K: Where do you get your ideas for your books?
What inspires you?
A: I get asked this a lot, mostly because my books tend to have unusual or off-beat plot lines. The honest answer is “I don’t know.” I’m leery of analyzing it too deeply, for fear of scaring off my muse :). Usually, it’s a detail that catches my eye, and I pull the thread and unwind the story from there. For HOMEFRONT HERO, two details created the story--both from museums. The first was a hand-knit sweater from World War II which I discovered at the First Division Museum at Cantigny in Wheaton Illinois. That led me to the Red Cross Knitting Campaign for socks for WWI soldiers, which led me to Leanne’s character. John’s character grew from an airmen’s helmet I found in a military museum in Columbia, South Carolina. It told of a heroic act by airship pilot, and I began thinking what it would be like to be a decorated war hero. I find I tend to be inspired more by tactile objects than concepts or ideals, so I’m forever touching things and collecting photos and visiting locations.
K: Besides your work as an author, what other "hats" do you wear?
A: Being “Mom” to two teenagers--well, actually one just turned 20--consumes a lot of my time and energy. It’s much more complicated to be a young adult in today’s world. I used to think parenting small children was exhausting, but young adults tax you in a whole different way. I’m also very involved at my church, and the theater major in me loves to speak so I do a lot of speaking and teaching on women’s issues and writing. I’m also well known for my passion for knitting, and even have a knitting blog (destiKNITions.blogspot.com).
K: What lessons have you learned from motherhood?
What advice would you share with moms of young children?
A: Enjoy them. Be okay if you need to take time away from them so that you CAN enjoy them. Recognize the importance of self care so that you can be a full, vibrant person for your children, not a tapped-out, stressed-out, worn-out woman. Don’t fall for all that “accomplishment” stuff--your son will be just fine if he doesn’t excel at first grade. Life--and most especially parenthood--is not a competitive sport, no matter what all those shows and magazines would have you believe! I’m all for doing your best, but I’m deeply concerned by the current push for excellence in school-age children. Mistakes are always our best learning tools, and moms need to give their children--and themselves--room to make mistakes and grow.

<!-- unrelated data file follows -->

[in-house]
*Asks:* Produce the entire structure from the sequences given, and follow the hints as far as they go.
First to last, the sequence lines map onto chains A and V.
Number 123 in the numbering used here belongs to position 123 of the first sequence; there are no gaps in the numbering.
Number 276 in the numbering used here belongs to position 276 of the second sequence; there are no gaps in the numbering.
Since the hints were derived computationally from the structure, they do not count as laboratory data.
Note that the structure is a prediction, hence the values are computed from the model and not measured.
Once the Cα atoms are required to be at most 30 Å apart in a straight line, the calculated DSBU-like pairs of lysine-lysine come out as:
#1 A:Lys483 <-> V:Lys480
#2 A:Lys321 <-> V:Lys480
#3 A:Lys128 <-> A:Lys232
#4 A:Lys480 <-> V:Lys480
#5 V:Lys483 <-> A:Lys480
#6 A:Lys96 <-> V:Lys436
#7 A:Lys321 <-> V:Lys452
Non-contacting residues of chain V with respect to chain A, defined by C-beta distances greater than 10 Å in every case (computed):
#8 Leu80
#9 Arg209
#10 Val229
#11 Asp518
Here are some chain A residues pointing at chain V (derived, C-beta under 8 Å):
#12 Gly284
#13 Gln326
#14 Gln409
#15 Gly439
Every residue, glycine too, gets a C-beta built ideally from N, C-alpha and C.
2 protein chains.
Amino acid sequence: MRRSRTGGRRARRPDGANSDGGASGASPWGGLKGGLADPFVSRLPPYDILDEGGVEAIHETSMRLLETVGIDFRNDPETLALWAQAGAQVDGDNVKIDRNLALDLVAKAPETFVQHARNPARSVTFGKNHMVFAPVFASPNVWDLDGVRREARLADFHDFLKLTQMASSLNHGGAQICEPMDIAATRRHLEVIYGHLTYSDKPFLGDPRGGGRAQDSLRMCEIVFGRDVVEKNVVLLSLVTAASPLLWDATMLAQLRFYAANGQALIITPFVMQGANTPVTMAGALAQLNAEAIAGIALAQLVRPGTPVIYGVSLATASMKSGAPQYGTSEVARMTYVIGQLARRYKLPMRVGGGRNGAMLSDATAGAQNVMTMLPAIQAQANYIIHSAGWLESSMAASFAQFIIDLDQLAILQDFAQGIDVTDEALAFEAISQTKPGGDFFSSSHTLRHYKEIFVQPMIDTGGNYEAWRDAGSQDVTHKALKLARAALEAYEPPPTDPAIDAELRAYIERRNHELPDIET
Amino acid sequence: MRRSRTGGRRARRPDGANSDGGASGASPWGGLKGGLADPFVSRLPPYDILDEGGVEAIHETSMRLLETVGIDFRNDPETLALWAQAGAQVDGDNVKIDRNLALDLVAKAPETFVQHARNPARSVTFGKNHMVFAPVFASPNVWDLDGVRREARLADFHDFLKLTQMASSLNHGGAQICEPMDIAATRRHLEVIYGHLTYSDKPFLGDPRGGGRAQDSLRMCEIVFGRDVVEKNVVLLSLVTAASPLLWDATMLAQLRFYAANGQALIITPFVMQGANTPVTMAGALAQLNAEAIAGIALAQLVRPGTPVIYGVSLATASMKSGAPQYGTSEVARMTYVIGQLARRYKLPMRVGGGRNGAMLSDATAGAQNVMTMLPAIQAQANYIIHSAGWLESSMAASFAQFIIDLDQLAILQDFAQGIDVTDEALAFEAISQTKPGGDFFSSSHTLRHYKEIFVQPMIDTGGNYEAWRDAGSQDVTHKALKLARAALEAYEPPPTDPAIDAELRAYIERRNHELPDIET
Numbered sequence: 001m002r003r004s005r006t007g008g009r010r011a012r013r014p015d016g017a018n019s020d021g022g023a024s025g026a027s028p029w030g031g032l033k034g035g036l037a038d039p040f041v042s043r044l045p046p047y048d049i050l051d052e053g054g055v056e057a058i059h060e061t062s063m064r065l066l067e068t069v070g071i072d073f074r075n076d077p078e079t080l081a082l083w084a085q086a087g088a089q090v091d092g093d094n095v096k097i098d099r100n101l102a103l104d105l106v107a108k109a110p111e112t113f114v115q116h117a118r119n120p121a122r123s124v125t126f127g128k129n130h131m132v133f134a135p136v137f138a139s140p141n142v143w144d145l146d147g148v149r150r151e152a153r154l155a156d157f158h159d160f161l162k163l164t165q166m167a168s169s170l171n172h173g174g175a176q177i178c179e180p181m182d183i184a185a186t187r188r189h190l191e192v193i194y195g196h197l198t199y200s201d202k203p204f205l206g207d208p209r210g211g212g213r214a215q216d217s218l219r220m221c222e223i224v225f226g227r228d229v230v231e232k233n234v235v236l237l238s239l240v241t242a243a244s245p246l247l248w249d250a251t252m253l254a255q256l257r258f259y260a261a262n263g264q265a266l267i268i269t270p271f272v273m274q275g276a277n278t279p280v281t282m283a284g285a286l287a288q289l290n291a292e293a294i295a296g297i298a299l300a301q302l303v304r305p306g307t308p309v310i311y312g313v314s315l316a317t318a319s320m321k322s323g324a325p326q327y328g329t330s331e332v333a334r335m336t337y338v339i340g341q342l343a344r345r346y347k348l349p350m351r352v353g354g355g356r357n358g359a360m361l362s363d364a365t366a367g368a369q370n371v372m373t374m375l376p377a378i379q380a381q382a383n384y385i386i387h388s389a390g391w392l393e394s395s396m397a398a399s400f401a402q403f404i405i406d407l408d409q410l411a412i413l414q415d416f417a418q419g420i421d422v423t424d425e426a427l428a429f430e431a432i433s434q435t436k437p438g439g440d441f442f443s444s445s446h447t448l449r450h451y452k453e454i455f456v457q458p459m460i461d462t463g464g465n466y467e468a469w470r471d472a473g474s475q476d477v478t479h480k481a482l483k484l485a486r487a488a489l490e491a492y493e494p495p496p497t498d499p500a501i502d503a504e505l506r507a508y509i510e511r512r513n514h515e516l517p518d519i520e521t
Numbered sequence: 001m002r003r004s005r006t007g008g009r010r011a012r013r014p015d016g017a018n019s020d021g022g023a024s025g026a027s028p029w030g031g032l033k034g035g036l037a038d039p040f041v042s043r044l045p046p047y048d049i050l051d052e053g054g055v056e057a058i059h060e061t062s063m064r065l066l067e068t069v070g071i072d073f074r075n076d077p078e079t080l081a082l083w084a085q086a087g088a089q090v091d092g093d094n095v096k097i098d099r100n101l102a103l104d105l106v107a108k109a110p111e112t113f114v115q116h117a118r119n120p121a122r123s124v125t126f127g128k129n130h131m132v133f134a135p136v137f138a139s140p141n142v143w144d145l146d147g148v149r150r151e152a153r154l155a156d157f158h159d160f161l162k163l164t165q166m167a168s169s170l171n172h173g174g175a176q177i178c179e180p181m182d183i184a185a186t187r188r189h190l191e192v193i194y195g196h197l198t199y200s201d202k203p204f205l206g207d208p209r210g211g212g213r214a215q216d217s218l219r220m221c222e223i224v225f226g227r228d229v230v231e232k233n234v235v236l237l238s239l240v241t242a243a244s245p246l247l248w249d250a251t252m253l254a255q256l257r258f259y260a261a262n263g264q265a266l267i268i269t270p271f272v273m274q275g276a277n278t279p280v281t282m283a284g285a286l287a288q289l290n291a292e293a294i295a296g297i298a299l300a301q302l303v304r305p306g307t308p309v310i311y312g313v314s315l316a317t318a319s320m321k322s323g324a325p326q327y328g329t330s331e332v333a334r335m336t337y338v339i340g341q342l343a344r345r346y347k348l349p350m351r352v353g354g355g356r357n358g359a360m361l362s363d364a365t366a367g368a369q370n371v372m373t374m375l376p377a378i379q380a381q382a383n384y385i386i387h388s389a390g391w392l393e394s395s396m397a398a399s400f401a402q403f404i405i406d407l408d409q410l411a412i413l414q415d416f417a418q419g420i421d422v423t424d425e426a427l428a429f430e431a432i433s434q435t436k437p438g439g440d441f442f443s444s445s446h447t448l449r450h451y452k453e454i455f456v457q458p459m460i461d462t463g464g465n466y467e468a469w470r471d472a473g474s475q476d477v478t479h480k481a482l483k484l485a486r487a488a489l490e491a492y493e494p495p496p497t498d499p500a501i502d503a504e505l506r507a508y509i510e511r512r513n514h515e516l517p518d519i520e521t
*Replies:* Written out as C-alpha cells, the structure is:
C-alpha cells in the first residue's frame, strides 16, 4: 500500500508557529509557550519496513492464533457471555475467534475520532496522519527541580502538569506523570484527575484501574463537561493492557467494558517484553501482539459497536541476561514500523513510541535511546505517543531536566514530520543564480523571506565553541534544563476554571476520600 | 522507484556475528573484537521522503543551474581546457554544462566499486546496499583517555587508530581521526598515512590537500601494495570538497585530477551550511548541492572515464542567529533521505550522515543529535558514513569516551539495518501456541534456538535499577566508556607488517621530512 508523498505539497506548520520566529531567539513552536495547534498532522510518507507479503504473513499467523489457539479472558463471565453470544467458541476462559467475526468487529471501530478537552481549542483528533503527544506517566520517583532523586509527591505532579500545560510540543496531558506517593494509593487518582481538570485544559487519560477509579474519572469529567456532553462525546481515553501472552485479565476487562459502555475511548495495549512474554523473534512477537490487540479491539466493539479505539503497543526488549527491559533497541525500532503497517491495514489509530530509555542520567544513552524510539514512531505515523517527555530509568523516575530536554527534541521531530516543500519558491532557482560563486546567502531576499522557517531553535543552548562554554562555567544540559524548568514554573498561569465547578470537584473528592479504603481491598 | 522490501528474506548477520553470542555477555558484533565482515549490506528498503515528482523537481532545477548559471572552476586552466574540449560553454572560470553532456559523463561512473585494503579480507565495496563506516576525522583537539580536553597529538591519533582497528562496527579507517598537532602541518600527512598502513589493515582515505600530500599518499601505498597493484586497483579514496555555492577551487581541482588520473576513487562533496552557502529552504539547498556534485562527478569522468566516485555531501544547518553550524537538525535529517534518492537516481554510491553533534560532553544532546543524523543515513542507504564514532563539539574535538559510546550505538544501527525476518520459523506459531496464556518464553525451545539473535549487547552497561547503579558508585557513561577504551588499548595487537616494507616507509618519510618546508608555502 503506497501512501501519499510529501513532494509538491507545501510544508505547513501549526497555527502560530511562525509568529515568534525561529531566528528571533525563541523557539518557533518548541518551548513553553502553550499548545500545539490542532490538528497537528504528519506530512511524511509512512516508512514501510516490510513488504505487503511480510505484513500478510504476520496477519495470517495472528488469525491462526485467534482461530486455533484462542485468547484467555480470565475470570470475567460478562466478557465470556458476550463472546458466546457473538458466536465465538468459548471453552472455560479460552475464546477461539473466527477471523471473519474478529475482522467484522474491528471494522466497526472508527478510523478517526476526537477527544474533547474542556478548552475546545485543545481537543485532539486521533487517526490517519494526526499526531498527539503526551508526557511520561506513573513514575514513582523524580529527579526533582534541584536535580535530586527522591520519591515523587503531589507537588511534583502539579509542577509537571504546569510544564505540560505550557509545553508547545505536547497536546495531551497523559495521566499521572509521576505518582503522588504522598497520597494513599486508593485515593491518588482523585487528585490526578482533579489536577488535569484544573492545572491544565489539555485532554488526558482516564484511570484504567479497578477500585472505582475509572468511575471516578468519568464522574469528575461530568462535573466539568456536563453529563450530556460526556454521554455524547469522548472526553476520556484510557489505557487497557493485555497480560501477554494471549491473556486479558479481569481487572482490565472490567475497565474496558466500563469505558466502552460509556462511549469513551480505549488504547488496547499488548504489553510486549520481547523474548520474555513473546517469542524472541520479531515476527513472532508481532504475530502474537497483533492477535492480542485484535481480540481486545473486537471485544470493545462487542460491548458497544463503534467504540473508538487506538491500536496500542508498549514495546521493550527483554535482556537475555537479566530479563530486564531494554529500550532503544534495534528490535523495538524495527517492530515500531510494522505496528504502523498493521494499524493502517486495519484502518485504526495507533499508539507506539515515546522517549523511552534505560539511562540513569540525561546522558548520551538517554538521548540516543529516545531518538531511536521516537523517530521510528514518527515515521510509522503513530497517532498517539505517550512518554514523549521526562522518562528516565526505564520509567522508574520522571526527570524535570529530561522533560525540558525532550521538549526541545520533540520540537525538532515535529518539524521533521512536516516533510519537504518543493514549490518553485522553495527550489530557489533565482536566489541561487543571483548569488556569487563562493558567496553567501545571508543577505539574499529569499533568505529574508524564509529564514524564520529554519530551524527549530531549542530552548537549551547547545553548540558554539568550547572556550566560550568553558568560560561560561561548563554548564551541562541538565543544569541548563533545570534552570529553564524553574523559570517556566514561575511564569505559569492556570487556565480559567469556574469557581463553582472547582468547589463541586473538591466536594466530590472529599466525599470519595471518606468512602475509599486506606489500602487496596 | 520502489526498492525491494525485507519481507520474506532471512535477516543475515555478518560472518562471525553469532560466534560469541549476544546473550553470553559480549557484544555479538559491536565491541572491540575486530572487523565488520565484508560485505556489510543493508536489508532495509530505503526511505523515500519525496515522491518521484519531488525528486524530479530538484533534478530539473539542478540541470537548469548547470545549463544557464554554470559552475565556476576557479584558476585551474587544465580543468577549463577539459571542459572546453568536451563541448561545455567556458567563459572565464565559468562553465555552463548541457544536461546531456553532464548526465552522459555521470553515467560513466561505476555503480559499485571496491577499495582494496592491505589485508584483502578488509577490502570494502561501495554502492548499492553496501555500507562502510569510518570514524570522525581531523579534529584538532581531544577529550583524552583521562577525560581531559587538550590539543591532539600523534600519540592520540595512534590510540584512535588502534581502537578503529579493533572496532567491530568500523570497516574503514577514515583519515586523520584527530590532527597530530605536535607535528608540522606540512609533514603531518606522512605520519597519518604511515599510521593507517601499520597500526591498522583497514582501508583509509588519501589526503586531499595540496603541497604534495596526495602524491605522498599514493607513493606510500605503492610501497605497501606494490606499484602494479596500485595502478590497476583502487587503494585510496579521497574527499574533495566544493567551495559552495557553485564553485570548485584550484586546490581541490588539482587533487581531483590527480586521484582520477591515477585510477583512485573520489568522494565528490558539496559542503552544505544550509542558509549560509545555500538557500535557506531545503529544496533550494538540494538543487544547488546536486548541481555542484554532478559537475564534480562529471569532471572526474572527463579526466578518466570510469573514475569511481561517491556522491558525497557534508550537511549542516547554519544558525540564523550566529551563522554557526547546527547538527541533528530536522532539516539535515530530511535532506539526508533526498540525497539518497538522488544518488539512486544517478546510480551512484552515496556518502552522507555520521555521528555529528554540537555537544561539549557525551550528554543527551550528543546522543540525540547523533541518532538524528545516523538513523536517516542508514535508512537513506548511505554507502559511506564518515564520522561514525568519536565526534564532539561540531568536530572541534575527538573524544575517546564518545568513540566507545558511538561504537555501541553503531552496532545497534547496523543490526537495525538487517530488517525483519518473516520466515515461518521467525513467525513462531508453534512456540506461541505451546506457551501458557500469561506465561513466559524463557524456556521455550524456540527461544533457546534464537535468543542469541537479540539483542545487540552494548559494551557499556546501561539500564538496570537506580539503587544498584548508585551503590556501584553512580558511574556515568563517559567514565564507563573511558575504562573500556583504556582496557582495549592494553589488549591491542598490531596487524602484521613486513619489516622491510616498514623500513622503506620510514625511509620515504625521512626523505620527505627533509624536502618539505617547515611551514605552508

K: What's your favorite Bible verse?
A: You know, I don’t really have one. Individual verses hit me at different times, but I’ve never had a “life verse” or anything like that. Granted, that might be a function of my perilously short attention span :)
These questions are just for fun....about some random goodness! (social media, coffee, & music)
K: Do you prefer Twitter or Facebook?
A: I like both, but seem to gravitate toward twitter more naturally, probably because it’s so easy to do on the go and takes place in short bites (see aforementioned attention span).
K: How do you take your coffee?
A: At every possible opportunity! Cream and sugar, and most especially with some chocolate mixed in. Strong and very hot--my line is “if it doesn’t burn your tongue it’s not hot enough,” which drives the rest of my family crazy.
K: What songs or artists do you most listen to? Who'd be on your "favorites" playlist?
A: I love Chris Rice for Christian music, Jack Johnson has an easygoing island vibe that I enjoy, and I love John Pizzarelli’s jazzy retro style. I’m becoming a big Michael Buble fan lately because of that same snappy feel. I try to listen to lots of my kids’ music, too, because it speaks a great deal to who they are and what’s on their minds.
Thank you, Allie, for dropping by!
Be sure to visit Allie's website for more information on her books.
About Allie: An avid knitter, coffee junkie, and devoted chocoholic, Allie Pleiter writes both fiction and non-fiction. The enthusiastic but slightly untidy mother of two, Allie spends her days writing books, buying yarn, and finding new ways to avoid housework. Allie hails from Connecticut, moved to the midwest to attend Northwestern University, and currently lives outside Chicago, Illinois. The “dare from a friend” to begin writing has produced two parenting books, fourteen novels, and various national speaking engagements on faith, women’s issues, and writing. Visit her website at www.alliepleiter.com or her knitting blog at www.DestiKNITions.blogspot.com
About Homefront Hero: Dashing and valiantly wounded, Captain John Gallows could have stepped straight out of an army recruitment poster. Leanne Sample can't help being impressed—although the lovely Red Cross nurse tries to hide it. She knows better than to get attached to the daring captain who is only home to heal and help rally support for the war's final push. As soon as he's well enough, he'll rush back to Europe, back to war—and far away from South Carolina and Leanne. But when an epidemic strikes close to home, John comes to realize what it truly means to be a hero—Leanne's hero.